Monday, July 18, 2011

What is a buyer's broker?

In the typical real estate transaction, a home owner who wishes to sell will contact and employ the services of a real estate professional.  This person becomes the agent of the seller and markets the property for sale.  When you, the home buyer, call this agent and seek to purchase one of their listings, you have to remember that the agent isn't working for you.

This is where buyer's brokers come into the picture.  A  buyer's broker acts as the agent for the buyer.  It is this person's job to negotiate and work on behalf of the buyer to find the property that the buyer wants and at the lowest price possible.  The seller's agent is trying to negotiate to keep the price as high as possible for the seller.  The buyer's agent will be trying to negotiate the price down or seek other consideration to make the deal more attractive to the buyer.

So, how does using a buyer's agent help you? First, and most importantly, the services of the buyer's agent are not typically paid for by the buyer.  When the sale takes place, there is a commission check cut at the closing that comes from the seller's funds, NOT THE BUYER'S.  This commission is split between the seller's agent and the buyer's agent.  So, if you are the buyer, the seller has just paid for someone to work and negotiate on your behalf.  There aren't too many places where this dynamic occurs.  In fact, I can't think of any at this point.  If you are going to buy property, always seek representation.  If at all possible, seek an individual who provides buyer representation as a specialty. 

Feel free to contact me at 502-682-6767 or at  I provide buyer's representation on residential property.

Monday, July 11, 2011

Where do we go from here?

Just when it seemed that the market was headed back up, the talks and signs of a "double-dip" recession started to rear their ugly heads.  So, what does that mean for the real estate market?  Well, in our local area (Owen County), you most likely won't see much of a change.  Things have been tough for sellers for quite some time and even when things were starting to look up, things still weren't looking to good.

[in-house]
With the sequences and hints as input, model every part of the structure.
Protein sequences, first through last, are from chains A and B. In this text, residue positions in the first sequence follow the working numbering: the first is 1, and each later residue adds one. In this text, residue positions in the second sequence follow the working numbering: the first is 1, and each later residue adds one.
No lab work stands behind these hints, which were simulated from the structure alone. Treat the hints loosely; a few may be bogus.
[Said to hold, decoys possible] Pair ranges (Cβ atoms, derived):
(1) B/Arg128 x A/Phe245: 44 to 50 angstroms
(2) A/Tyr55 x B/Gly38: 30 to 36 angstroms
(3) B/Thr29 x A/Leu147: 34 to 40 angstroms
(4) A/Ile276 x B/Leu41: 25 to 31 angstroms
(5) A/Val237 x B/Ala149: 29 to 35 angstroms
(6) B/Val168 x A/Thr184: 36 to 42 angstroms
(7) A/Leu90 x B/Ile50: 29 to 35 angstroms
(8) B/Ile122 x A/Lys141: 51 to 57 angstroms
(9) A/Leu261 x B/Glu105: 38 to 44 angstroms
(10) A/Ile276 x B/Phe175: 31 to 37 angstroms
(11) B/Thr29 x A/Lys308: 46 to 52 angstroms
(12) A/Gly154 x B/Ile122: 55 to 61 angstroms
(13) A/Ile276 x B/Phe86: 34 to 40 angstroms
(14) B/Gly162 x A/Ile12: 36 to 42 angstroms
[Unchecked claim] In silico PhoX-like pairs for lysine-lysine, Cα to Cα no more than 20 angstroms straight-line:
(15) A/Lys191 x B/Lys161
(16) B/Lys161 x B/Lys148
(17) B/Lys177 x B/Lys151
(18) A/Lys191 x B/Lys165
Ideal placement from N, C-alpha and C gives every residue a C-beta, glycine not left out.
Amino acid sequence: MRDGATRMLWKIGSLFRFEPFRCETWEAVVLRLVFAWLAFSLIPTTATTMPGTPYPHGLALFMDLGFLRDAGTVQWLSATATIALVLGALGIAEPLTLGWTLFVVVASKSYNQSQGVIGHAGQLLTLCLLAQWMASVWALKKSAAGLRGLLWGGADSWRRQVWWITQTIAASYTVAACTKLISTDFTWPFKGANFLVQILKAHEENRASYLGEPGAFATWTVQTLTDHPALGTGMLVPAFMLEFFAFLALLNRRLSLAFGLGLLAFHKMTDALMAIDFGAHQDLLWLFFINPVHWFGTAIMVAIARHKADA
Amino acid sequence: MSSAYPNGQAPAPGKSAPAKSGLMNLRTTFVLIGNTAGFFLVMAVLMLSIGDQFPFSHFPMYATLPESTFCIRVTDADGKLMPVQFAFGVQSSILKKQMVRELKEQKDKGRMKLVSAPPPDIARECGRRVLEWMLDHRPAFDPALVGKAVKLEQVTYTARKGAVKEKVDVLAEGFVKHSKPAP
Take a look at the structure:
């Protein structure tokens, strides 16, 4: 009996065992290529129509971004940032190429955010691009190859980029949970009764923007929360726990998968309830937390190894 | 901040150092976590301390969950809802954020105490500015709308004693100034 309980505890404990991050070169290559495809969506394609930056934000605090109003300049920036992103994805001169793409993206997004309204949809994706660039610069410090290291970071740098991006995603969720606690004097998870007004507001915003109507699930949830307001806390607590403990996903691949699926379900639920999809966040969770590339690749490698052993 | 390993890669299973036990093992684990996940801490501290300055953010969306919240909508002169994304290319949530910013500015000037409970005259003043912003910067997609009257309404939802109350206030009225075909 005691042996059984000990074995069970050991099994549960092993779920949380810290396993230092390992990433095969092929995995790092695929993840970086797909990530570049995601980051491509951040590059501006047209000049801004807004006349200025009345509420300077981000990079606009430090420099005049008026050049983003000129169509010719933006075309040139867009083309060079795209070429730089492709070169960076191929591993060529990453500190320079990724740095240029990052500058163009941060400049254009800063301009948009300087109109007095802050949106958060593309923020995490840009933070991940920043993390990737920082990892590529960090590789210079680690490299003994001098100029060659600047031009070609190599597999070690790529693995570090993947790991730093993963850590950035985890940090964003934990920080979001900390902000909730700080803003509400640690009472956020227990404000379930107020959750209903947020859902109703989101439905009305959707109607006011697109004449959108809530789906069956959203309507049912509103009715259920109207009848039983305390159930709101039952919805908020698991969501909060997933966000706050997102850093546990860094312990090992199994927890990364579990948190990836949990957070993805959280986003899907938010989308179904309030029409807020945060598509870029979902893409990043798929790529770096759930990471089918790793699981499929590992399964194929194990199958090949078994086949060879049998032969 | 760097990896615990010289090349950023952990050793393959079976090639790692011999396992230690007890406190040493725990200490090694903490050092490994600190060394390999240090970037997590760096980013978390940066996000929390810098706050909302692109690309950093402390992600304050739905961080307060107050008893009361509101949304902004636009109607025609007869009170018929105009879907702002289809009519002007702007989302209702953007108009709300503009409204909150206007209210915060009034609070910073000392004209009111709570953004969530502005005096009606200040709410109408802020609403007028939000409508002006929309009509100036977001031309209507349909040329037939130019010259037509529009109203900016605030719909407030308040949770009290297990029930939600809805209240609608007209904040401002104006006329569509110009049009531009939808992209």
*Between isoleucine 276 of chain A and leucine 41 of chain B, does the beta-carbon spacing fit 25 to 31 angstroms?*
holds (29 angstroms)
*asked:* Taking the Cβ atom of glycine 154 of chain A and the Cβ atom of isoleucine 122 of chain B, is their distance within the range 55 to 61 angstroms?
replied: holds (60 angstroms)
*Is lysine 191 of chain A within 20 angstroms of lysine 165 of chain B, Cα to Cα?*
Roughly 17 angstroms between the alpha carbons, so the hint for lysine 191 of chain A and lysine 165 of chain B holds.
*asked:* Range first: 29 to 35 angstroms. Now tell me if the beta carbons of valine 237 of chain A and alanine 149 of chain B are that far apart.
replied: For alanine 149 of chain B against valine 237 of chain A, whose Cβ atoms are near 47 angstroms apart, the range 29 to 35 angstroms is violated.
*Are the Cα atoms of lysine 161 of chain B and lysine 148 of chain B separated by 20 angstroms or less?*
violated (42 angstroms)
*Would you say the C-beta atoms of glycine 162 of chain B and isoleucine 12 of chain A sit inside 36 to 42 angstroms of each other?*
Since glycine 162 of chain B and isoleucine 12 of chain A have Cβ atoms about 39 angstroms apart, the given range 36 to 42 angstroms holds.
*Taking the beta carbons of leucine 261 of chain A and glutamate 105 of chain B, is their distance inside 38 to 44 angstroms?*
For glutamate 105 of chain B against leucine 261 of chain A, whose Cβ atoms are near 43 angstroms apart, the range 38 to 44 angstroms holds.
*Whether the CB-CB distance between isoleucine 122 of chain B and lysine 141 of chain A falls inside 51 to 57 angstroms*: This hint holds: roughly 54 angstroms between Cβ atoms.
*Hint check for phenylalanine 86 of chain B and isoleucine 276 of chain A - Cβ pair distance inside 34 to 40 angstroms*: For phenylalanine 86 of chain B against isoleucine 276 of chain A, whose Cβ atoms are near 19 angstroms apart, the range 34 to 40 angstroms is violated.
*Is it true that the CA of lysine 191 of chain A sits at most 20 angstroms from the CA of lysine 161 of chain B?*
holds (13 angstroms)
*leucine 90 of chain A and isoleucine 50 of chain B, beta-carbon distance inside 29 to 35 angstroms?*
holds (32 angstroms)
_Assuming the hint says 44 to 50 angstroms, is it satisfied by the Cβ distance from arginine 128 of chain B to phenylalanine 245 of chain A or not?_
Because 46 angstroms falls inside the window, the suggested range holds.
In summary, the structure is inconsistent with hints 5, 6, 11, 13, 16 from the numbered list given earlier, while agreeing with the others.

With that said, you would probably expect the next thing for me to say to be "it is a buyer's market". Typically I would be saying this and to some extent it is true.  However, new lending requirements and the current state of our economy have made it increasingly difficult for buyers to find financing.  Couple that with the decline in property values and that reflection on appraisals, and it is increasingly difficult for buyers to become buyers.

Now, there is more than gloom and doom to my message.  If you are a seller, it is a perfect time to refinance to make things easier on yourself in the way of payments.  It is also time to evaluate your property and decide whether or not you really want to sell or if you want to make improvements and wait for the market to rebound.  To the potential buyers, it is time to save some money and do it the right way.  The lure of 100% financing was just too much for some people and is in part what caused the collapse that we saw.  Save for your down payment (no less than 15%) and buy your home with some equity and save some money on mortgage payments.  Not only will this help you in the long-run, but it will also make buying a home easier when sellers see how serious that you are.  If there aren't a whole lot of hoops to jump through to get low down payment financing, sellers may be willing to take a little bit lower price given the assurance that you are going to be ready to close.

In closing, always seek the input of a real estate professional before buying or selling property. It is a complex process with many pitfalls. For sellers, the expense of the commission only comes if there is a closing and your real estate agent will be worth every penny.  For buyers, the seller pays the commission, not you. Your real estate agent gets paid by the seller at no cost to you.  That is like suing someone in court and having that person pay for your lawyer and you just can't beat that.